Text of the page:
How Mentorship & Modeling Make Academic Consistency Stick
It’s hard to be academically consistent when words on a page mean nothing to you.
Well-meaning educators sometimes rattle off lists of what needs to be done, assuming that this will leave a student prepared to take action. “You’re smart, you’ve got this. Some quick verbal instructions should do the trick. You’re all set - go get ’em!”
Unfortunately, students who struggle with organization and planning have trouble with both initiation and follow through. They also have difficulty visualizing the steps in a process. As a result, manageable tasks feel harder to do than they actually are, and then they can’t establish traction.
When my father taught me how to drive, he described how I would change a tire if I needed to. He spoke with confidence, reassuring me that if I followed such-and-such steps, I would be successful.
Needless to say, I have only a vague notion of how to change a tire. Yes, any automotive mishaps I contend with are covered by a popular emergency roadside service, but the point is…
My father, may he rest in peace, meant well. I have no doubt that for some teenager somewhere, one without ADHD, a verbal download would be sufficient to prompt them years down the proverbial road - to not only know enough to get out the lug wrench - but also how to use it properly.
I wish every challenge in life were that simple to master!
Neurodiverse students need to experience expectations and instructions as something tangible. To make academic consistency concrete, the coach your child is working with should guide them through every task that is a source of procrastination. While to-do checklists are helpful, your student’s coach should also mentor your child in persisting through the process of completing academic tasks, and helping them address each obstacle along the way.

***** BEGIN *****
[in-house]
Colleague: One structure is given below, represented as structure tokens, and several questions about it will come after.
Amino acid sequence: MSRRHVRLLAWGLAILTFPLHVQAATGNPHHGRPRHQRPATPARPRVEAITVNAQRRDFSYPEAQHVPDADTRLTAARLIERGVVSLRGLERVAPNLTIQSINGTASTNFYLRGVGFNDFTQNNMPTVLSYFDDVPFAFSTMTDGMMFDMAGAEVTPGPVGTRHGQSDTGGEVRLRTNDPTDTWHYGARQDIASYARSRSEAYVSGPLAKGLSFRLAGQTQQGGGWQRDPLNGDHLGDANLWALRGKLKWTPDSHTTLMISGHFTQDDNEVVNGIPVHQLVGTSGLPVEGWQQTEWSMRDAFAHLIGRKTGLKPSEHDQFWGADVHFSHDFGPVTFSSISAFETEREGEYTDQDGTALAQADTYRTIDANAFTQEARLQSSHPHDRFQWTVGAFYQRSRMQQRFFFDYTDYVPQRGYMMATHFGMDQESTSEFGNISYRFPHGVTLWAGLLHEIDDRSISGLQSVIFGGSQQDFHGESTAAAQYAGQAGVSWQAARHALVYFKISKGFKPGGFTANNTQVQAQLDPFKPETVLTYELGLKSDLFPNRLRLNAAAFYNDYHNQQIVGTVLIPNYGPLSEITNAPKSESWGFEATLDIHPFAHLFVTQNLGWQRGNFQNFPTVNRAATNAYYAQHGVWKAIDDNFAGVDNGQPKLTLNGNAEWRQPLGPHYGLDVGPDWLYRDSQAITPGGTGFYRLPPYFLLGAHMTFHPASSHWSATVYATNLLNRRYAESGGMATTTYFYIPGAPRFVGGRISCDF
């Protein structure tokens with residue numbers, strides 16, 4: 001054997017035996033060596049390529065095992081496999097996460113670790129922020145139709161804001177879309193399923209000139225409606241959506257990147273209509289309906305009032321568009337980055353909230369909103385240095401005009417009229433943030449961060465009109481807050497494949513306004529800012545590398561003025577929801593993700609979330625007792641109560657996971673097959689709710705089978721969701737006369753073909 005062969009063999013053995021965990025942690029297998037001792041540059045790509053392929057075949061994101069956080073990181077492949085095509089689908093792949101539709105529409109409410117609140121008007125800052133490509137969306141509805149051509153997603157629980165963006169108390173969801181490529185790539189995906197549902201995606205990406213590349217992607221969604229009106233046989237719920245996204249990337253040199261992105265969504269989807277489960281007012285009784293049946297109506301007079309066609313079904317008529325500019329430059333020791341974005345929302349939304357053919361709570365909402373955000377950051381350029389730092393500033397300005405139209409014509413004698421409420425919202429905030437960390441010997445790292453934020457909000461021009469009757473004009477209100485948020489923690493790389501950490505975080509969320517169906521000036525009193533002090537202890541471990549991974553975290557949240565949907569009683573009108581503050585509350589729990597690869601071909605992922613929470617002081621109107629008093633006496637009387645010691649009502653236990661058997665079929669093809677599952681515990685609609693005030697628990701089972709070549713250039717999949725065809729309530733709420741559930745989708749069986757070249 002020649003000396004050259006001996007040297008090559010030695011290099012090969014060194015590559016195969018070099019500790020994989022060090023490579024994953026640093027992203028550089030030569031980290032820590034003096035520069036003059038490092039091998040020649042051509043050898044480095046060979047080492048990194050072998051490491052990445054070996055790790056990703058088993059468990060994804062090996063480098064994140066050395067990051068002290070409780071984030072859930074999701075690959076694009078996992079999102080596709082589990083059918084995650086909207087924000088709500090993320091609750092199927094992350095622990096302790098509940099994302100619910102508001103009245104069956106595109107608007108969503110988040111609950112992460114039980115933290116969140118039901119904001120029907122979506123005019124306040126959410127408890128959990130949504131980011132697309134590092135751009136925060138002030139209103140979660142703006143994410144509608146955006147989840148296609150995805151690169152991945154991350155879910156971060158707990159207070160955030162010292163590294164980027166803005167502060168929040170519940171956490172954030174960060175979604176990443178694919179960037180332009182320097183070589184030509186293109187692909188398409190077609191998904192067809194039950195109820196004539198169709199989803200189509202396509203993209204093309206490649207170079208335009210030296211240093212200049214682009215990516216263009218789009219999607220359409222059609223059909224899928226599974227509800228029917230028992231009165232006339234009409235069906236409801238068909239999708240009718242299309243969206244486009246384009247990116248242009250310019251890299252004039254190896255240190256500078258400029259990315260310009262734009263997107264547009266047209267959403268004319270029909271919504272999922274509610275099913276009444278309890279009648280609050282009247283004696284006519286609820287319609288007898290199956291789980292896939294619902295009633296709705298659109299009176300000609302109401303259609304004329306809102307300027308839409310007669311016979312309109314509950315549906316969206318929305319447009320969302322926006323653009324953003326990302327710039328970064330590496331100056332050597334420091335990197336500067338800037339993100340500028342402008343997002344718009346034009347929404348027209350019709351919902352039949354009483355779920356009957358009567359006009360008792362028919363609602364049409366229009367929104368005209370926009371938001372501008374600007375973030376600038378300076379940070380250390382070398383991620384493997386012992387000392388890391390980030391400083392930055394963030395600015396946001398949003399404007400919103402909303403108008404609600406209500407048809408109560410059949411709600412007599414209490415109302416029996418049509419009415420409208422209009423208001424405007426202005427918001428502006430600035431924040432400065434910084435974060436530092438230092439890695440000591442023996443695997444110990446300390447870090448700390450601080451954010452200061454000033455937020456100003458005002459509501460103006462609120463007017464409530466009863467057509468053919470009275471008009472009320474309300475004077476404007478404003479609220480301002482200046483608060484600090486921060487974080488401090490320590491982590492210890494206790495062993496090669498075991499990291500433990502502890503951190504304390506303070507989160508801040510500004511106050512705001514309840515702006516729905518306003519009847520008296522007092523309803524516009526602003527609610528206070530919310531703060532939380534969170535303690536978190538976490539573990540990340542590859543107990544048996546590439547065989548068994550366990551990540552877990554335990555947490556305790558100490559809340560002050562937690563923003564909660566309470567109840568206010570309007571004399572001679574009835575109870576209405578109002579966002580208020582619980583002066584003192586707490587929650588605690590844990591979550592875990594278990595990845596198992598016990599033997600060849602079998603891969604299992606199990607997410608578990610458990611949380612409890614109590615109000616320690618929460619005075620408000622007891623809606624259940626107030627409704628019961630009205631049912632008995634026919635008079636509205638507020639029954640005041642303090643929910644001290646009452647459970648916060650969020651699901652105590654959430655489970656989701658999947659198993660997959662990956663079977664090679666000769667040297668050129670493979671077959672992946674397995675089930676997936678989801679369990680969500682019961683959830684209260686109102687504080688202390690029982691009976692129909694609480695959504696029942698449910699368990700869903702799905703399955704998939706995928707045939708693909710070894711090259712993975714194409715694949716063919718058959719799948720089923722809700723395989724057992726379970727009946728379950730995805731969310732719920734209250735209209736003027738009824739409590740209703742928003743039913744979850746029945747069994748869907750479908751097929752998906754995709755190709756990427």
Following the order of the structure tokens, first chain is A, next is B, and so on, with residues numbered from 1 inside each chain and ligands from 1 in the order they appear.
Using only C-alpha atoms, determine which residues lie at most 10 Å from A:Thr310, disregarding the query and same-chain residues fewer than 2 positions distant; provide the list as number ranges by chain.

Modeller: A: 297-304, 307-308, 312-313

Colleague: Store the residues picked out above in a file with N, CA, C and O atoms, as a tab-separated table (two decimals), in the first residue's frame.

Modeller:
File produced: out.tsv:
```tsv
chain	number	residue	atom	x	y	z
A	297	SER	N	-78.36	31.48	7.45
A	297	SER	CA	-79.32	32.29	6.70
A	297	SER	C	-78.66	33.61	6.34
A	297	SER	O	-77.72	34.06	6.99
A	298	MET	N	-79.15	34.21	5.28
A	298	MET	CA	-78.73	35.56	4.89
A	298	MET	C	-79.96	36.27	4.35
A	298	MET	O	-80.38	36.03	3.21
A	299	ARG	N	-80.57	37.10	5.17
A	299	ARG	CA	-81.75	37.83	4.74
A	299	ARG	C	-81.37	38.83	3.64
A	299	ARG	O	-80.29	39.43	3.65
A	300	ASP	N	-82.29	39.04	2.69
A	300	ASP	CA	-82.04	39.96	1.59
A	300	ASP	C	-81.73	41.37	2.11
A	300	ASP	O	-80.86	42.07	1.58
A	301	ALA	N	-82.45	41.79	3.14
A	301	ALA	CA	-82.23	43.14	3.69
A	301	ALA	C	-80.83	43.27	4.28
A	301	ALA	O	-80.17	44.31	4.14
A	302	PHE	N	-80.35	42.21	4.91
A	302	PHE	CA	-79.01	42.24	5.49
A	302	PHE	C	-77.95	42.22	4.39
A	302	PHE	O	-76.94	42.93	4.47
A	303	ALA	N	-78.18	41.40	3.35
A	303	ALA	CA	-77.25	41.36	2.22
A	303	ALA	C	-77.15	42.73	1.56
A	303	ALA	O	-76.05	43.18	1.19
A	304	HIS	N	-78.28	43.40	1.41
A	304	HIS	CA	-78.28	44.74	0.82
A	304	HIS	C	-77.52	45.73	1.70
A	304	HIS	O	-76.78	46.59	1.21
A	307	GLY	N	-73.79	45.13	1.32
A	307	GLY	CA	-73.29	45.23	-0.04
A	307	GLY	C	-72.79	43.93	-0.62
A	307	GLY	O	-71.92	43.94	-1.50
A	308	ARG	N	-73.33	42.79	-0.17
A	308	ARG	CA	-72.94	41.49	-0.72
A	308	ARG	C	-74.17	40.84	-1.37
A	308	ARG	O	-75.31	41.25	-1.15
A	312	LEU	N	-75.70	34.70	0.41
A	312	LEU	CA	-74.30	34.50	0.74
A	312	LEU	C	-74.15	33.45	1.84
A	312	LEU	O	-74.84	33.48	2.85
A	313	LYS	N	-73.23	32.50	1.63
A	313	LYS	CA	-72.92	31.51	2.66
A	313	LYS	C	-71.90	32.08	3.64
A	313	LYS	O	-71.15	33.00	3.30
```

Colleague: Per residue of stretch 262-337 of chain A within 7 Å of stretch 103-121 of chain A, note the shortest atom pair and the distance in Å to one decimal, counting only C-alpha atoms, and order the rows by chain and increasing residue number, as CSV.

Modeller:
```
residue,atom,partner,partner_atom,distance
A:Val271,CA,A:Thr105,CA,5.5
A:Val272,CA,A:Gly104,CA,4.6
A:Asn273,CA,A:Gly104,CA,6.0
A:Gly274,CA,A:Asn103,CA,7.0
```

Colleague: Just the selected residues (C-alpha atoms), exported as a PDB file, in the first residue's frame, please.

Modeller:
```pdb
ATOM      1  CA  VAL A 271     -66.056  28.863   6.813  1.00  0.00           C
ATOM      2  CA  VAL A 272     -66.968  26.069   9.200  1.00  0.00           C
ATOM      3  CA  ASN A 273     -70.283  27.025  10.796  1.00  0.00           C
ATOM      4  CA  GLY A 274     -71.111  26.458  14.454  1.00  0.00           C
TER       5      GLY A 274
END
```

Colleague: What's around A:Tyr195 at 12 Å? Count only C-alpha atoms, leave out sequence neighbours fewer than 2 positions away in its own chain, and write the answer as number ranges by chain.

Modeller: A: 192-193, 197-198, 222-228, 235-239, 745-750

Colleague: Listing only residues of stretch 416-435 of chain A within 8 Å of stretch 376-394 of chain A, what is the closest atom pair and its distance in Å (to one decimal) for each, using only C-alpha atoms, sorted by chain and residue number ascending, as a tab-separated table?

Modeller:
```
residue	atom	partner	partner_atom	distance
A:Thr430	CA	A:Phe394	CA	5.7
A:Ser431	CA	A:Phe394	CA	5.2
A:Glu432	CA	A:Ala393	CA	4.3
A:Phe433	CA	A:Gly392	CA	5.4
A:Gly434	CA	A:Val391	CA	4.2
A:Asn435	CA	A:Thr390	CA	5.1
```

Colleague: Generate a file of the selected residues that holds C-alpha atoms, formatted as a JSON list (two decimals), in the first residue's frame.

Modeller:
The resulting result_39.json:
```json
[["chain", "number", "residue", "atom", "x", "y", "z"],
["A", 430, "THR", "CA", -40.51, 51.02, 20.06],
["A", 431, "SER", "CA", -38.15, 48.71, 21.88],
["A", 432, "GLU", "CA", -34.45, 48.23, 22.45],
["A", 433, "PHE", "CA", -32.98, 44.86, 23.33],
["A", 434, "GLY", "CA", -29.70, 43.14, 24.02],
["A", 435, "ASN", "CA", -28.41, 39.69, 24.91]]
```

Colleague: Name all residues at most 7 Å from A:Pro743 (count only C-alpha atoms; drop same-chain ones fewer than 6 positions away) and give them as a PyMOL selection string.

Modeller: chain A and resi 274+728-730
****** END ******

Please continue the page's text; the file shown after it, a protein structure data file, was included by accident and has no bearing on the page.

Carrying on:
We should not just tell struggling students how to get something done. We need to show them, and then let them practice it on their own, while making mistakes, and learning from them. Let students take a turn at it, and encounter everything that could go wrong. Then, help them make corrections along the way.
It’s not that supporting adults should do a student’s homework for them, but that we need to stay with them while they are struggling their way through to successfully completing each step in the process.
Before even starting an assignment, a student may first need help with logistical preliminaries: finding their backpack, locating a notebook, getting a working writing implement, finding a charger for their computer, retrieving login credentials for the academic portal, unearthing assignment instructions, interpreting instructor’s prompts, tracking down the teacher’s email address to request clarification of the assignment, etc.
The student described in the above paragraph has not yet even attempted to begin their homework, but they may already feel exhausted. A learner who struggles with organization needs more support than one might expect, if they are to arrive at the point where they can begin and complete just one task, let alone tackle multiple projects.
To have a prayer of developing consistent academic habits, neurodiverse learners need a level of support that not every coach provides: a mentor who will get in the trenches to help them succeed with the minutiae of each learning challenge.